Ears Forward

Don’t be a loner when riding your antisocial horse. Take control and demand some manners. Horses that misbehave towards fellow horses in group situations are a hazard to themselves and others. One ‘pinny eared’ horse can disrupt an entire trail ride or group training session and create a dangerous situation. Clinton Trail RidingA horse being grumpy and pinning his ears is really just as bad as kicking another horse. In a herd situation, what does a horse do after pinning his ears? He backs the threat up with his hind feet. Horses always warn that they’re unhappy by pinning back their ears. If they’re ignored, then they back up and act like they’re going to kick. If they’re still ignored, then they kick. In this case there’s not much difference between a thought and an action. A horse will always give you a warning that he’s about to be disrespectful. It’s your responsibility to read his body language and act accordingly.

While no one wants to be on an antisocial horse, keep in mind that it’s common for horses to get a little cranky when another horse comes near them. This is especially true if the horse is a dominant horse in the herd. As the other horses are coming up on him, your horse is just saying, ‘Hey, you better stay back or else!’ So if your horse pins his ears or gets cranky as another horse comes up close to him, he’s not a particularly bad horse, he’s just being a horse.

Now, that doesn’t mean that I accept this behaviour and neither should you, but before you start to fix a problem, it’s always good to know how and why it developed. Why would a horse pin his ears or kick at others? It may be due to a lack of respect. Maybe you never taught your horse to respect you, or you’re not giving him enough to think about when you’re riding. As a result, he has time to cause trouble and worry about keeping other horses out of his personal space. When it comes to training horses and working with them on a daily basis, I figure the horse has 23 hours a day to do whatever he wants – eat, sleep, play, whatever. I only ask for one hour out of his day and the least he can do is put on a good attitude and respect me. I make no excuses for cranky attitudes in my horses, whether they be a mare in heat or an extremely dominant horse in the herd. When I’m riding them, their attention and focus better be on me.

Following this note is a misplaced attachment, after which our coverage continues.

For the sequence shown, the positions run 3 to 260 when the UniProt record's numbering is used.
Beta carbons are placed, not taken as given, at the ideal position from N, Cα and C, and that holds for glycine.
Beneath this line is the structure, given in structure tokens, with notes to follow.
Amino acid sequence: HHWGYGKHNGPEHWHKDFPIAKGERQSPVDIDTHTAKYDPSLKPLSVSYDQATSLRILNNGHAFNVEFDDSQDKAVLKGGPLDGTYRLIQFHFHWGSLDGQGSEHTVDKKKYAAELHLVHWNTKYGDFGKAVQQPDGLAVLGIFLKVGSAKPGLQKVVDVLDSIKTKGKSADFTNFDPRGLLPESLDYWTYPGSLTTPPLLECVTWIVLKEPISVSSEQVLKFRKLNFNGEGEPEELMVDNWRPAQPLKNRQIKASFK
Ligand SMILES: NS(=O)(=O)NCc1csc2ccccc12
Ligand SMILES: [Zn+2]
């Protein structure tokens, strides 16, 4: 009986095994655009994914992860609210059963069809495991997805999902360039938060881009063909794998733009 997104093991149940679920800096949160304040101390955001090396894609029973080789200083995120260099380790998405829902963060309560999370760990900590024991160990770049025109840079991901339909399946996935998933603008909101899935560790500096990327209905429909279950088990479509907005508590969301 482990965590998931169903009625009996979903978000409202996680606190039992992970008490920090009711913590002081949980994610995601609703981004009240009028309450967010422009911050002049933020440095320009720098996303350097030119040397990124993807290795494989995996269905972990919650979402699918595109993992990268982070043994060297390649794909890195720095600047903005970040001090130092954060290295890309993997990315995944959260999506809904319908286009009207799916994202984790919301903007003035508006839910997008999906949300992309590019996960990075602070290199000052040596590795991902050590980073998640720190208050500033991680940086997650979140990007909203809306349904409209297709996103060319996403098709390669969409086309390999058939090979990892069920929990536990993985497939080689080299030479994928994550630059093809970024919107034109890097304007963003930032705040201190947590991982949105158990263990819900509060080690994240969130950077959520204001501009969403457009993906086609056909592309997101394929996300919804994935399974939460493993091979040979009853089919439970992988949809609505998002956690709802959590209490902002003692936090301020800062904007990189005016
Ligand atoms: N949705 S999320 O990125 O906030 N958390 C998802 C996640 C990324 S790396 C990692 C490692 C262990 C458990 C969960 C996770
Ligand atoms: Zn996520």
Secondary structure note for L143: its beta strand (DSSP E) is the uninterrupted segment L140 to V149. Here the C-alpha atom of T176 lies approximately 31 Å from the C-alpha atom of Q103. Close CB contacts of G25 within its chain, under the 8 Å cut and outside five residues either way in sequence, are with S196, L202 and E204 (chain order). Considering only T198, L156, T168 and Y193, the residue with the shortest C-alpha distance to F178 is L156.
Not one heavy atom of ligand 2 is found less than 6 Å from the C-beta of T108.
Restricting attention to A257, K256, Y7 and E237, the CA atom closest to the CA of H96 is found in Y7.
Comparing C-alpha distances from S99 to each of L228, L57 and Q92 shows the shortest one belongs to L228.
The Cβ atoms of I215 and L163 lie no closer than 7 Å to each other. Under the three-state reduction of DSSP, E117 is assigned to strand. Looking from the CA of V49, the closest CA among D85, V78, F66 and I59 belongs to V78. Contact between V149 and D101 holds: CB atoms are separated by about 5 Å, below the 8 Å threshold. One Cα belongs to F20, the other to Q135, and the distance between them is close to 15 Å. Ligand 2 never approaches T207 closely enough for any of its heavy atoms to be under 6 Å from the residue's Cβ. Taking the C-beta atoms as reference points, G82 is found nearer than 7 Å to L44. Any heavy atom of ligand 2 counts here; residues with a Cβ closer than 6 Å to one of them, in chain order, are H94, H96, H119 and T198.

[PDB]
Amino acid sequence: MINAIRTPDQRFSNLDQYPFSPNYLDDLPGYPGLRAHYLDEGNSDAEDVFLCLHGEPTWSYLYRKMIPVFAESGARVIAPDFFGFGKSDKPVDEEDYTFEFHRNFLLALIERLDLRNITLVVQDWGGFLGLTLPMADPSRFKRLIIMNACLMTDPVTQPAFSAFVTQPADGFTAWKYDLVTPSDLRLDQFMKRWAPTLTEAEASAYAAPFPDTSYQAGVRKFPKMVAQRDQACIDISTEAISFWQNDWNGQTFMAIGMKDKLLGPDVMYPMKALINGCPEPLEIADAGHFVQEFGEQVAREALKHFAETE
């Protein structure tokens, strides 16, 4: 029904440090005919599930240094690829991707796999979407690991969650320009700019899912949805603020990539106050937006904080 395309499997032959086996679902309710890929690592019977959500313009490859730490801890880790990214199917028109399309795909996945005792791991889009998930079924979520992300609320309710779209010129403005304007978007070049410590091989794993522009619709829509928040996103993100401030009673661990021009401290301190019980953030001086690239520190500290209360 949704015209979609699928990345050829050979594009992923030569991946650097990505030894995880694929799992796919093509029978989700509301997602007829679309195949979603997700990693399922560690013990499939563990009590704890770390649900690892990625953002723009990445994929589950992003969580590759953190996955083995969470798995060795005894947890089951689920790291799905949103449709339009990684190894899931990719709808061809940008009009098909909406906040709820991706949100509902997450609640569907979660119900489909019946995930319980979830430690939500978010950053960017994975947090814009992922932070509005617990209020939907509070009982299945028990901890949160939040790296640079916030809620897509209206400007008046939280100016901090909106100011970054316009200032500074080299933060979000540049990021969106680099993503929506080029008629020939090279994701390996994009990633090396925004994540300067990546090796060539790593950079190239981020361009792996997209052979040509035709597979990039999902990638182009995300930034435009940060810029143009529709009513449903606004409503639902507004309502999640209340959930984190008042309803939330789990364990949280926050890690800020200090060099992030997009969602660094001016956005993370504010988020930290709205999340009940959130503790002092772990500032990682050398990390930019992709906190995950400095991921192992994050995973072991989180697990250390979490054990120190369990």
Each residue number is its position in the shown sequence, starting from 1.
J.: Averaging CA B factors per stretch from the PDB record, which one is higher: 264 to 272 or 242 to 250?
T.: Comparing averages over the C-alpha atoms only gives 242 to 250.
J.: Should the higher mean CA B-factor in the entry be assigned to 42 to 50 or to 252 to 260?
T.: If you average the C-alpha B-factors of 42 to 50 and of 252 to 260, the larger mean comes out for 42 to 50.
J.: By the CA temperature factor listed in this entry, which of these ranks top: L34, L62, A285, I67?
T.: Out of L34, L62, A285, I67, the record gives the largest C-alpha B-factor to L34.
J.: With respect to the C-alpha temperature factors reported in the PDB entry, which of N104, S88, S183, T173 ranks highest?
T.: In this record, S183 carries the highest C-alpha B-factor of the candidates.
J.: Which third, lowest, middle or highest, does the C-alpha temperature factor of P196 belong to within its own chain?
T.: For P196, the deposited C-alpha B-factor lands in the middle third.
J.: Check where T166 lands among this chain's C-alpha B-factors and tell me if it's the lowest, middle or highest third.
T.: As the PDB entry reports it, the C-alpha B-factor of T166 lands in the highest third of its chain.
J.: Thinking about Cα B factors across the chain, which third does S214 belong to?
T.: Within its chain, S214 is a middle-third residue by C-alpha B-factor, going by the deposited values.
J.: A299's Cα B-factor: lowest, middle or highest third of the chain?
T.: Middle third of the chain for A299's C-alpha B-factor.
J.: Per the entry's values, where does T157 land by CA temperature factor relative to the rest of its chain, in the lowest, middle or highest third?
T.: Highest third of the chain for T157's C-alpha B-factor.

When it comes to cranky horses, there are two schools of thought on how to deal with the problem. The first group of people avoids riding in group situations and only rides their horses when they’re sure they’ll be alone. The second group of people makes excuses for their horses and tries to take the responsibility off their shoulders and put it on someone else’s.

If your horse is kicking or pinning his ears when he’s around others, he’s telling you that you’re not keeping him busy enough and he doesn’t respect your leadership. A lot of groundwork, moving the horse’s feet forwards, backwards, left and right and always rewarding the slightest try, will teach him to respect you and keep his attention focused on you. Although this probably won’t cure the problem, it will certainly help by laying a foundation of respect.

The best way to get a horse over pinning his ears or kicking other horses is to expose him to it, let him commit to the mistake and then correct him. Protecting him by keeping him away from other horses is not going to make his cranky attitude go away. In fact, it will only make it worse. A lot of people who have horses that misbehave in group situations mistakenly think that keeping their horse in the barn while the others are riding and only sneaking in rides when the arena is clear will fix the problem. That’s like putting a band aid on a sore – it fixes nothing. Instead, I’m going to share with you two different strategies that will shape up your horse’s attitude.